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SHERIDAN WOMAN A SPY

Served Through War; Is Now Destitute,

Almost Friendless and Without Living Relatives; Applies for a Pension

From  The Sheridan Enterprise, 10 February 1911

One of the most interesting and peculiar stories of the day was unearthed today by a Daily Enterprise man in his search for news. He found an aged woman at the office of Clerk of Court B. G. Carney, having gone there to apply for a pension from the government for active service in the United States Army.

To substantiate her statements Mrs. Bliss exhibited a scar over her left eye caused by a bullet narrowly grazing her skull. Her face was wrinkled with age and her hair as white as snow, yet she spoke with a clear accent and related everything that was wanted.

"I received that scar in a skirmish while with an Illinois regiment," she said. "I could hold a rifle in my arms in those days as good as any man, and you bet there isn't a man living today who has a steadier eye or can shoot straighter."

At the time the war broke out Mrs. Bliss was filled with enthusiasm and her patriotism swelled until she thought she would run away and fight for her adopted country, for she is an Austrian by birth. She was told girls could not join the army. That did not daunt her, so she clipped her long curly locks from her head and jumped into a pair of men's trousers. She then had no difficulty in gaining entrance to the recruiting officer's quarters and enlisting with the Sixty-third regiment. She saw active service all through the war and was often detailed on most perilous missions. On one occasion she was sent as a union spy into the very stronghold of the enemy and came back with data and other information invaluable to her commander.

While in the army her secret became known to a young and brave comrade, who fell desperately in love with her at first sight. In the next few months they shared the hardships of war alike. The romance finally culminated in their marriage. They were both mustered out at the end of the war with an honorable record for bravery. Her husband died several years later and after that she fell in love with another ex-union soldier, by the name of Bliss, whom she married. They took up their last homestead at Lander, Wyo., where Mr. Bliss was widely and popularly known. He was a high Mason and enjoyed the confidence and esteem of people generally. Mr. Bliss died some twenty years ago and since that time his widow has been eking out an existence the best she could, working in restaurants and hotels, though always too proud to ask for assistance of anybody. She claims she was defrauded of a homestead in Montana by a wealthy cattleman and will not try to recover her property. She was befriended at Red Lodge, Mont., three years ago by Frank Stanzick, a man of her own nationality, and finding herself destitute and without relatives or other friends, finally appealed to him. Stanzick later removed to this county and has since been caring for her, regarding her almost as a mother.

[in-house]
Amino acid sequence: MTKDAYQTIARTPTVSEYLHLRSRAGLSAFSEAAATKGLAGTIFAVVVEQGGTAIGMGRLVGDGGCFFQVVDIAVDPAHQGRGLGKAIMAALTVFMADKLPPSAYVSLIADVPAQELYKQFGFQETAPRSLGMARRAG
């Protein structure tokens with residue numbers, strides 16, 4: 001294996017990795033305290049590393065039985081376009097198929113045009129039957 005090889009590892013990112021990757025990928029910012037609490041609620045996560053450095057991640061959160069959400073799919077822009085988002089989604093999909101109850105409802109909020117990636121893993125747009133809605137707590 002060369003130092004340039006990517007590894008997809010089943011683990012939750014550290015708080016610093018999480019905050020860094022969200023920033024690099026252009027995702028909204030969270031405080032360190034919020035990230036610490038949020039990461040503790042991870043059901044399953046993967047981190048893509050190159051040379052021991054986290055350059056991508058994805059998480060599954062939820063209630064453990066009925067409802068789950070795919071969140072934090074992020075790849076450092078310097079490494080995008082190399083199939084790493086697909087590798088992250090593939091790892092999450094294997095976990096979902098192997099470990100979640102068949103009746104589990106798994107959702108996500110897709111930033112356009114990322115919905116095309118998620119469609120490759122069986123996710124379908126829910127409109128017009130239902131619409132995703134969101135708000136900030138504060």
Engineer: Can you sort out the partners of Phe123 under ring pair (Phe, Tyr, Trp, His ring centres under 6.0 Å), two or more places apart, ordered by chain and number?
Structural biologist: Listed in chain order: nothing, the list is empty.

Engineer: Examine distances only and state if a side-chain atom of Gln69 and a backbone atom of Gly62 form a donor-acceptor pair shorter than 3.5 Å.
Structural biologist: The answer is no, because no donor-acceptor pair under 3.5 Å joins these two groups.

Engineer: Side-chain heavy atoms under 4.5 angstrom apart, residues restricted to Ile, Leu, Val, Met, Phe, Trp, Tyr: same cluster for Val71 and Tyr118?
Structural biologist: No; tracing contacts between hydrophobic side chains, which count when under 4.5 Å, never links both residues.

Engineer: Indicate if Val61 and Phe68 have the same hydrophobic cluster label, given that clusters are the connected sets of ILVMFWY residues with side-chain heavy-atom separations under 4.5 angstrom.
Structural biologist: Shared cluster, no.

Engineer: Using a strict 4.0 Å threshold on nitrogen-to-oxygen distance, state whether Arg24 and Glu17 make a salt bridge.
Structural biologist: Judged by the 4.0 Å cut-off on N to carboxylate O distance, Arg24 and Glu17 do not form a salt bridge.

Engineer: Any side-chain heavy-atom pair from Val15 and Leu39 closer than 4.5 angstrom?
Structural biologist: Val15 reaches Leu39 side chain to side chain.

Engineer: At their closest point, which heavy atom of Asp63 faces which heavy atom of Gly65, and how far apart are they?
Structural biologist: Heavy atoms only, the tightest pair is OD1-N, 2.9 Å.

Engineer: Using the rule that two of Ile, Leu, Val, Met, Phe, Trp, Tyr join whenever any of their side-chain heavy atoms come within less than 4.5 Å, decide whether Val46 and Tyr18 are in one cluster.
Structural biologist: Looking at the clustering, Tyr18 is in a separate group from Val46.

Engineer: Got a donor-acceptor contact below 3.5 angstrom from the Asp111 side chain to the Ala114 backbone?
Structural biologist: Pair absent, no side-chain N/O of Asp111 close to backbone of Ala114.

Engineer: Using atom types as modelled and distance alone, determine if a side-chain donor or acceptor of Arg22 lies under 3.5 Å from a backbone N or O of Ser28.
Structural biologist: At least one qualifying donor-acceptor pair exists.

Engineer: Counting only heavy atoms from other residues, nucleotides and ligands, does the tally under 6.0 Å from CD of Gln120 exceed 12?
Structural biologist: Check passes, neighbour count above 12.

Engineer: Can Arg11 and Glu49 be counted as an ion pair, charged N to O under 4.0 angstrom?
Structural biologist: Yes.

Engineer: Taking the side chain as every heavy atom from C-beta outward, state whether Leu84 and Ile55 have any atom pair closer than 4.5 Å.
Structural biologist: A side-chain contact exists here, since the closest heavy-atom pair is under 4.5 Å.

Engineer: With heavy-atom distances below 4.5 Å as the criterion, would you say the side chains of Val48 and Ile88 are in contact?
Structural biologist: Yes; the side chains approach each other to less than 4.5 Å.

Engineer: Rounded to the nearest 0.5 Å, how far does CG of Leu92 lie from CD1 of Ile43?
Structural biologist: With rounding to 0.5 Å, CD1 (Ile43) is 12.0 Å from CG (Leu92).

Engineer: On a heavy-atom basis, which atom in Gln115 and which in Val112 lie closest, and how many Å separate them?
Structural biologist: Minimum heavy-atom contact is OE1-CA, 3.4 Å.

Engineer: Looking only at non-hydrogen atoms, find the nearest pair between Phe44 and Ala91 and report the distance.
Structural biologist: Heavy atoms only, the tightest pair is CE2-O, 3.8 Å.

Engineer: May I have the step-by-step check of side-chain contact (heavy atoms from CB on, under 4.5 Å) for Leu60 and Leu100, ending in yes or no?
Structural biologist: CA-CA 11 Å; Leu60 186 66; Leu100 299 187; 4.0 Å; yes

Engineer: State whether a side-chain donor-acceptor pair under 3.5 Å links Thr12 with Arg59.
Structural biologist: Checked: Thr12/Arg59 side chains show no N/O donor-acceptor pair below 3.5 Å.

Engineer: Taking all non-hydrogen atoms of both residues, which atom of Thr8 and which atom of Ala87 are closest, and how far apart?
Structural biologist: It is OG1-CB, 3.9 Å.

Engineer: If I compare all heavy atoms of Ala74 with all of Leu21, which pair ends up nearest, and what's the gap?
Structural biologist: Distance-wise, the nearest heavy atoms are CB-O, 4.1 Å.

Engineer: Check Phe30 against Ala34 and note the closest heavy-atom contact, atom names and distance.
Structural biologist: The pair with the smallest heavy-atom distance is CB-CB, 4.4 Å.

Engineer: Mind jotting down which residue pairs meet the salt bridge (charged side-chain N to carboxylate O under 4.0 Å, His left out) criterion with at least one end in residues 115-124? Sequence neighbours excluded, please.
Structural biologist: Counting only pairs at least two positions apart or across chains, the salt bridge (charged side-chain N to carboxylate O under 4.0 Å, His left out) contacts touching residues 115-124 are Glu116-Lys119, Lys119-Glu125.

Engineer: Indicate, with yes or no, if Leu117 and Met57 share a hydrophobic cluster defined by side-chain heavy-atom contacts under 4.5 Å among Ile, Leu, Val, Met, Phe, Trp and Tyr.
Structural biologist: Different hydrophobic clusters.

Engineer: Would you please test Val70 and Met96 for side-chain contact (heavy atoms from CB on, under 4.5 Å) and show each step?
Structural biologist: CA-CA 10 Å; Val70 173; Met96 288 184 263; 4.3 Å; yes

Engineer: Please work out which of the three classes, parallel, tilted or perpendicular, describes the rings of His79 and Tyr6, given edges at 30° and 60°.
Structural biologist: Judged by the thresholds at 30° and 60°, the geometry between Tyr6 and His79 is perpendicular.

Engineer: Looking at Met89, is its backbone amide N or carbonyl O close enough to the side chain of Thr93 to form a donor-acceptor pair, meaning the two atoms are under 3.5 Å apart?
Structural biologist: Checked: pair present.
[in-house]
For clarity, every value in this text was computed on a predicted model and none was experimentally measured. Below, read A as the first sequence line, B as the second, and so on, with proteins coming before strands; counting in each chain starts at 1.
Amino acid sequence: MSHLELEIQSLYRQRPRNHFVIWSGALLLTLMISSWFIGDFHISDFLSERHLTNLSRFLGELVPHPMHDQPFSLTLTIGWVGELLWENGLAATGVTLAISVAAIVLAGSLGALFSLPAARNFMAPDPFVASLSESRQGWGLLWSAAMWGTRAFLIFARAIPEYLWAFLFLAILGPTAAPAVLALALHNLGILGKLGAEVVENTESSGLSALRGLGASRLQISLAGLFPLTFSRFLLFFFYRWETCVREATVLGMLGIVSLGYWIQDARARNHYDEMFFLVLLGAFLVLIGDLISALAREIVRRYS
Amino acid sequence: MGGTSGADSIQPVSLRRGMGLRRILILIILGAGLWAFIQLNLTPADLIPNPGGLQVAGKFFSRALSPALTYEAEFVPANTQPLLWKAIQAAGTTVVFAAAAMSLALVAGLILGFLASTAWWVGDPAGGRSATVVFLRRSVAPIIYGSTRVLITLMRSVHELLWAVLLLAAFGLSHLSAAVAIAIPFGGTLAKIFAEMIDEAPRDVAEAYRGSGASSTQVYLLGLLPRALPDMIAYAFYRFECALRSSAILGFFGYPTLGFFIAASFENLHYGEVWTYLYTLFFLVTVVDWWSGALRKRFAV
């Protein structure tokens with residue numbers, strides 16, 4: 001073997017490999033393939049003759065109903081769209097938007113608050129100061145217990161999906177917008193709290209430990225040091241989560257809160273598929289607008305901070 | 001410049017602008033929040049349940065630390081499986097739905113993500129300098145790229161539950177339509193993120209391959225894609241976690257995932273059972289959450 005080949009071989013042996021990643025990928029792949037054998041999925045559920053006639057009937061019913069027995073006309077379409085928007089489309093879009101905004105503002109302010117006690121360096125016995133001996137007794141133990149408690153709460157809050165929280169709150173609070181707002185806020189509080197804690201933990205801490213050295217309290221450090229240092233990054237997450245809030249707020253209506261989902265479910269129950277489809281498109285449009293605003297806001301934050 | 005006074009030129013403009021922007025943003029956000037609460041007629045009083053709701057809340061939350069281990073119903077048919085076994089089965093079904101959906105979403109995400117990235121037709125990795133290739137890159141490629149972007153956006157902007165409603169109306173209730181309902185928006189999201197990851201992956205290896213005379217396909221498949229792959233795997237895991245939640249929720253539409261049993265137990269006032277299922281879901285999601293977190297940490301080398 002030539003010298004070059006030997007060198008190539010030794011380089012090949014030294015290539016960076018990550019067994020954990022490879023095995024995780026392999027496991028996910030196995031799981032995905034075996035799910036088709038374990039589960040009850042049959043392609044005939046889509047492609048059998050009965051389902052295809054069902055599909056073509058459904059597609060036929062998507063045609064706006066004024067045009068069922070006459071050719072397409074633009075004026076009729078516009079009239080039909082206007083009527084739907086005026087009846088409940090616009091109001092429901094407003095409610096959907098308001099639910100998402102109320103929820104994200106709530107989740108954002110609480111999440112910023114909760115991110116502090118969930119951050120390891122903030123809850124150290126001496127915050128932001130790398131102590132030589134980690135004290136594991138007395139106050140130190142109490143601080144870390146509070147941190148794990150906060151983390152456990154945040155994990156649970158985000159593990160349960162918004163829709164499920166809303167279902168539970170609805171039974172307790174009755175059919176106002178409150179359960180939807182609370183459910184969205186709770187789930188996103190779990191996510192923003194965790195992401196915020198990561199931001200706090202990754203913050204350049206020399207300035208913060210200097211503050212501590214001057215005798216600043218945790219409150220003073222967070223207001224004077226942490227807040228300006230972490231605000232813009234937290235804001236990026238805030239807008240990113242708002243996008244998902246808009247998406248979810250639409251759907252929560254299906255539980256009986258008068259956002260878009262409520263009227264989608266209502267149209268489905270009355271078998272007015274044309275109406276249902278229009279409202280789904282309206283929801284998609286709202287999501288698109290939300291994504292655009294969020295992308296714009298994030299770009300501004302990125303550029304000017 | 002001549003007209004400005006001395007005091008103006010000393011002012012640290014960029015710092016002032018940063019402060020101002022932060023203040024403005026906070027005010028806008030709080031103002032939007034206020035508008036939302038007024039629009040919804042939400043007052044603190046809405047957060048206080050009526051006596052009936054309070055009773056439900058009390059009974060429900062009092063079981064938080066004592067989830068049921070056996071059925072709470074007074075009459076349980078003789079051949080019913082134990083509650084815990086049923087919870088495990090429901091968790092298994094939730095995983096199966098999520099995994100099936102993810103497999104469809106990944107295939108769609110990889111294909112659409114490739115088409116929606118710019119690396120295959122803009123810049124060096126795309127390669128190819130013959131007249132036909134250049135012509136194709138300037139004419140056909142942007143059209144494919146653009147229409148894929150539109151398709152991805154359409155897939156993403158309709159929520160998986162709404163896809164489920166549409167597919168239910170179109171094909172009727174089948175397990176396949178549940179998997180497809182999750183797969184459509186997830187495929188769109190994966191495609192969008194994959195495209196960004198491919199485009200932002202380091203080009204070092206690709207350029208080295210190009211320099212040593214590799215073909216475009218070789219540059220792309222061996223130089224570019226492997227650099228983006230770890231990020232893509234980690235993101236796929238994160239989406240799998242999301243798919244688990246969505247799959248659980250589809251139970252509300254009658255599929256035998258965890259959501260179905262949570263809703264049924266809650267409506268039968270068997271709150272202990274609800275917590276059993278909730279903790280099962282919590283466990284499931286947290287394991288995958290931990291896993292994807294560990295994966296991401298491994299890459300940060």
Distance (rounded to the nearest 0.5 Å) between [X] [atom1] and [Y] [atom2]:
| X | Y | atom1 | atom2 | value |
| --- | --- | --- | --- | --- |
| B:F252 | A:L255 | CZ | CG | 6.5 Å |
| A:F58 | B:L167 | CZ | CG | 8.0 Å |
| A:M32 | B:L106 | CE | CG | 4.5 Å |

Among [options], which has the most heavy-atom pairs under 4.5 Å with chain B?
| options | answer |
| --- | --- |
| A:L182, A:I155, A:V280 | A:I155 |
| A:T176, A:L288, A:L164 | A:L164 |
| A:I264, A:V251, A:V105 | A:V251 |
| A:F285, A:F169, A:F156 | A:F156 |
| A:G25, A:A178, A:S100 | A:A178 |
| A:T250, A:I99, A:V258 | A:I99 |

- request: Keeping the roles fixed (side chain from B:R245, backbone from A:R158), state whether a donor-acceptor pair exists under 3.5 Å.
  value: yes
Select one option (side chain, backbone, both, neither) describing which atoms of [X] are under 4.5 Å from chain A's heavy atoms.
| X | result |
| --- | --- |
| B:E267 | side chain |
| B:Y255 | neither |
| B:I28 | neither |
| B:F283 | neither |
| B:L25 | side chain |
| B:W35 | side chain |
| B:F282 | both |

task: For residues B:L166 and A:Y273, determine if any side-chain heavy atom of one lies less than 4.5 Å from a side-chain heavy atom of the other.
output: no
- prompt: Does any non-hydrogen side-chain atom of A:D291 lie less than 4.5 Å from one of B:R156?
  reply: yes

THE STORY OF HER LIFE

Not many men have had as varied and adventurous experiences as that of Mrs. Louise E. Bliss, who appeared before Clerk of Court Carney today and desired him to assist her in getting a pension. Mrs. Bliss says that she was born at Castle Franvick, Austria, and came to the United States when a little girl. Her father was a shoemaker in Jonesboro, Ill. She enlisted with Colonel McCowan, commander of the Sixty-third infantry, for special service. Her father objected, but she ran away from her home and was detailed with Company G under Captain Richardson. A few days ago she was on the streets of Billings and met this same captain who recognized her, calling her by the old familiar name of "Lew," under which she was known to her comrades, it being a nickname chosen by herself in lieu of her first name, "Louise."

In spite of the many years that have elapsed since she was a young girl in the army she still preserves  the elastic step that shows her military training. She claims she can still handle a gun as good as a man.

While in the army she was married to John Sibler, a soldier of the same regiment. She was in the battles about Vicksburg and received two wounds while in the service. As a spy she proved of great assistance to the Union forces and was held in high esteem by the officers of her regiment.

Her first husband dying, she married Leander Bliss, an ex-soldier of the Third California infantry volunteers, a sergeant in the Union army. Bliss was later appointed as Indian agent at the Arapahoe and Shoshone agencies and with his wife lived there many years, contented and happy and prospering the while. After his death about twenty years ago Mrs. Bliss went hither and thither until finally she settled on a homestead in Montana. She claims she was defrauded out of this as well as her personal property by an unscrupulous man.

Mrs. Bliss is now making her home with Frank Stanzick in Sheridan county. She has no living relatives and has never before applied for a pension. It is believed she is entirely deserving of a most liberal pension from the government, which she had served so faithfully.

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